http://www.openminds.tv/37-degree-latitude-paranormal-freeway-814/12718

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  20. Well the Synchromysticism Chaos fire of Stranger Things is starting is having reverberations in our mundane reality; "When his father, Jerry Wetterling, coached his Central Minnesota Youth Soccer Association team in St. Joseph, Minn., Jacob, 11, wore a red jersey with the number "11" on it. Now the Wetterling family is asking people to use the number 11 as a symbol of hope and to honor their son by adding it somewhere on their person "at their next game, concert or big event to show their commitment to making the world a better place for kids," they wrote in a post Wednesday afternoon on the Jacob Wetterling Resource Center's Facebook page. "It's one of the many ways to honor Jacob's spirit and his sense of fairness."

    "The center posted 11 things that people can do to nurture a culture of kindness and compassion. "If you put on Jacob's jersey number, make a commitment to living with these 11 traits," the post read.... Jacob's remains were found late last week in a pasture near Paynesville, Minn., nearly 27 years after his abduction. On Tuesday, Danny Heinrich, 53, confessed in court to abducting, sexually assaulting and killing the 11-year-old St. Joseph boy." http://www.duluthnewstribune.com/news/4110763-wetterling-family-asks-people-wear-no-11-jacob#.V9Gjc9k6cfs.email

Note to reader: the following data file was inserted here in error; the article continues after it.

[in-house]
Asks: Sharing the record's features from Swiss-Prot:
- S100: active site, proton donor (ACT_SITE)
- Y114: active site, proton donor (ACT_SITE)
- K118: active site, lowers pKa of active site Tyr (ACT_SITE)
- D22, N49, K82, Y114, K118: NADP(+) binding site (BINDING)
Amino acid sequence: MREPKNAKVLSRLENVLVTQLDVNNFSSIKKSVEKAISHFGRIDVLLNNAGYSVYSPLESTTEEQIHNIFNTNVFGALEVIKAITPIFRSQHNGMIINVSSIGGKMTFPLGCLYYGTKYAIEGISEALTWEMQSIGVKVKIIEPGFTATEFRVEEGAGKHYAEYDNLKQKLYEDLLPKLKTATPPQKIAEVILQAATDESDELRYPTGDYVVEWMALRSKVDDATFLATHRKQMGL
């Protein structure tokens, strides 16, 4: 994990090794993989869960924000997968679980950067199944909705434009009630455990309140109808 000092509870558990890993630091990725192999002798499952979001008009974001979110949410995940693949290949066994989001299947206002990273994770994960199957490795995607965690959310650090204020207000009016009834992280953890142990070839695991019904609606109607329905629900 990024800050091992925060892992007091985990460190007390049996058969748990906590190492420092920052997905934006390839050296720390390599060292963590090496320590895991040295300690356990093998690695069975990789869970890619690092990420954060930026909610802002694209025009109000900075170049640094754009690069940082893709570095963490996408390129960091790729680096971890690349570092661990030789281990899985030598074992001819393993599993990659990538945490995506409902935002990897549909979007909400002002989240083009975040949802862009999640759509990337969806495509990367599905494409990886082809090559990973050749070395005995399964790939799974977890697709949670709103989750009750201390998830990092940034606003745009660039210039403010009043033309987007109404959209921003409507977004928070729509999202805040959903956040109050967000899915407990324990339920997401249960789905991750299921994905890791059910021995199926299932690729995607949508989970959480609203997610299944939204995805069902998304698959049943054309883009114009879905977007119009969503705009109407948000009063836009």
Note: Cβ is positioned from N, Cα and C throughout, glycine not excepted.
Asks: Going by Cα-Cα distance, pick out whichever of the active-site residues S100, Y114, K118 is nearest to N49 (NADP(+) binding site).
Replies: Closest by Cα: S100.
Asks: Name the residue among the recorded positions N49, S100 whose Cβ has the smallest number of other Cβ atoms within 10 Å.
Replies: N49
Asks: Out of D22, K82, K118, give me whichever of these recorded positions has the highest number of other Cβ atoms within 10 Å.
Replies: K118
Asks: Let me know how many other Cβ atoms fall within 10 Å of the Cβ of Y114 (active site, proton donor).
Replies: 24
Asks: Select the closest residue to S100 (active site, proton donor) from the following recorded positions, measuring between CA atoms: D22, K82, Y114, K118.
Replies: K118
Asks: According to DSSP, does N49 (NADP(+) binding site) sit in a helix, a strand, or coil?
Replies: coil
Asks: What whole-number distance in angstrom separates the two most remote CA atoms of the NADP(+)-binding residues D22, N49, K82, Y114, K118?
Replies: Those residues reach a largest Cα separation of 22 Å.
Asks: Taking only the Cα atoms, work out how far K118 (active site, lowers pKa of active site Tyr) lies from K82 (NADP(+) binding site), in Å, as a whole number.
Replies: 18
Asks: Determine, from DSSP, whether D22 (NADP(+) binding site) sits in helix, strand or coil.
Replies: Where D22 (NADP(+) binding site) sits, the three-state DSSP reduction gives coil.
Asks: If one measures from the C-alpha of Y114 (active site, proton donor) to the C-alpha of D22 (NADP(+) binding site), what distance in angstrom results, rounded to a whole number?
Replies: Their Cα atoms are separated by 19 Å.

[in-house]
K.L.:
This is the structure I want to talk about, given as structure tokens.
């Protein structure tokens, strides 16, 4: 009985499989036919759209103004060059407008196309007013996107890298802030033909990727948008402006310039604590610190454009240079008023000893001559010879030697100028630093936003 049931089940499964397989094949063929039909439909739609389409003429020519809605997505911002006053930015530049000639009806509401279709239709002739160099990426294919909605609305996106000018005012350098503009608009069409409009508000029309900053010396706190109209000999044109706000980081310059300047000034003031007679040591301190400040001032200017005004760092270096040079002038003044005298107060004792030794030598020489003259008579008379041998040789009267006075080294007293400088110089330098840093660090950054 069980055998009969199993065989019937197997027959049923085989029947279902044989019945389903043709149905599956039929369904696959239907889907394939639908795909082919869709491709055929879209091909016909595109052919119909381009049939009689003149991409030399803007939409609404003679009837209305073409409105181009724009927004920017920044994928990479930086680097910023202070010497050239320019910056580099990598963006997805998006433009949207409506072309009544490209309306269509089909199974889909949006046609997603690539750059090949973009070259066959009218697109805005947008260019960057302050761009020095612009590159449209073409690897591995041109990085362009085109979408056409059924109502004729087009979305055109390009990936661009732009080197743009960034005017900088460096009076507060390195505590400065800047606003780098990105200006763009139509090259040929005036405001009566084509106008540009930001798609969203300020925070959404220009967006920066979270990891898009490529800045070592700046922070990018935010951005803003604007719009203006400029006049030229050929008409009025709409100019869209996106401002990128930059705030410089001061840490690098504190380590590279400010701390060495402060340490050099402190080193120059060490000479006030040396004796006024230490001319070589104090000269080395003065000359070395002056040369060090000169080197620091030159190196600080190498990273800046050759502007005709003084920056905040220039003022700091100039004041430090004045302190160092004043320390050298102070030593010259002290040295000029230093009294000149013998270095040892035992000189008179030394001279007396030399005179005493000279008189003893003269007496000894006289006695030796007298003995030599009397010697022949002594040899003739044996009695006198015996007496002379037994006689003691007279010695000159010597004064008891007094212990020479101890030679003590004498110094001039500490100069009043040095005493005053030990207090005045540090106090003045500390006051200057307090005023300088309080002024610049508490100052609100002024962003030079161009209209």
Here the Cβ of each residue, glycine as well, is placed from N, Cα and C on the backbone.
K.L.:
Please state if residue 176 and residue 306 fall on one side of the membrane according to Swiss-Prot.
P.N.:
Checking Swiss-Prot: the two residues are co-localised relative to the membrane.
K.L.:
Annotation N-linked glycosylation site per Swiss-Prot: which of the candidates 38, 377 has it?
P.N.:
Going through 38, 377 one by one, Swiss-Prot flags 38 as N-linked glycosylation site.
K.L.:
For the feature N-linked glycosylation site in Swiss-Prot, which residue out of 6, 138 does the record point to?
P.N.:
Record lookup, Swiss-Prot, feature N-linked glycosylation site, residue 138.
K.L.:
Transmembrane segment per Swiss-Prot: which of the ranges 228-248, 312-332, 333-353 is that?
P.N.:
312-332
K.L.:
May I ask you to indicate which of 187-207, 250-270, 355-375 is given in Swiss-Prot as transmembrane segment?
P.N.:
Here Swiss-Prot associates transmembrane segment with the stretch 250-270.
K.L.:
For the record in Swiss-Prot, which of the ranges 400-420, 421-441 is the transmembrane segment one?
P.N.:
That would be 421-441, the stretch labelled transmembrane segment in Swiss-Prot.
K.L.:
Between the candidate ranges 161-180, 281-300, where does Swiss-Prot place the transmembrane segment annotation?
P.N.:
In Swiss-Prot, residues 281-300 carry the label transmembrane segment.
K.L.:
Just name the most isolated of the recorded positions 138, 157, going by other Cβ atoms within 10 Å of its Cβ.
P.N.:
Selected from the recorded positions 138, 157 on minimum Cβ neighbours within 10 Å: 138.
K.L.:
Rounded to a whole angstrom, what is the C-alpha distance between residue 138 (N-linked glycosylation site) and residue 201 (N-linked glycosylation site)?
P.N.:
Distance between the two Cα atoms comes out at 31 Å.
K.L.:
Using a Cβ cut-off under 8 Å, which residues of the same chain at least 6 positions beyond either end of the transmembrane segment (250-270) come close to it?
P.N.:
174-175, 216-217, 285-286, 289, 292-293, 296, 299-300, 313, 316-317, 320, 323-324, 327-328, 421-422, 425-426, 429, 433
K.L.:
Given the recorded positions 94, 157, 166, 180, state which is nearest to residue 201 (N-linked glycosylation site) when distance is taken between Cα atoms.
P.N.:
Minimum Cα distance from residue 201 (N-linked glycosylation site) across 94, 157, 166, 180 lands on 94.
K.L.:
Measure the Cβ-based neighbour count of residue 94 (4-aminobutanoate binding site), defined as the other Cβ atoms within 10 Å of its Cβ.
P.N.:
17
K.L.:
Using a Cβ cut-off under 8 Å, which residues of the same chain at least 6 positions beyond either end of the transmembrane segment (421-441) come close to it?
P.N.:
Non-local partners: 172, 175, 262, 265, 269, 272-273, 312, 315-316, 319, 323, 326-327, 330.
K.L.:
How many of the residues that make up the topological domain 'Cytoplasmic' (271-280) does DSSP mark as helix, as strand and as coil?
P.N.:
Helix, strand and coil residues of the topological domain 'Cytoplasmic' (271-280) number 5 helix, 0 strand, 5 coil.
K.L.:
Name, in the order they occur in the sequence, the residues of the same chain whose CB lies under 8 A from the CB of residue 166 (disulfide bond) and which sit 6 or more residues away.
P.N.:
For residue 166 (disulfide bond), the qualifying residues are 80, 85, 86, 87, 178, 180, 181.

Now looking at the article and how 11 is being highlighted than some in the editorial department is either subconsciously or even consciously invoking the character of the Stranger Things series.

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  21. In the 1980 film "Where the Buffalo Roam," Hunter S. Thompson (Bill Murray), speaking in 1968, talks of that time of "the fear" "between the 60's and the 70s." The time of Nixon, when so much of these things took place.

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  22. Additionally, while on a recent tour of the Dexter Street Baptist Church in Montgomery, Alabama, where MLK was a reverend, the tour guide noted James Earl Ray but empahsized to our tour group that the assassination was part of a larger conspiracy. I was surprised to hear this from the guide.

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  23. For those who haven't read it, I strongly suggest this highly fascinating work by the (sadly) late great author David McGowan, "Programmed to Kill: The Politics of Serial Murder":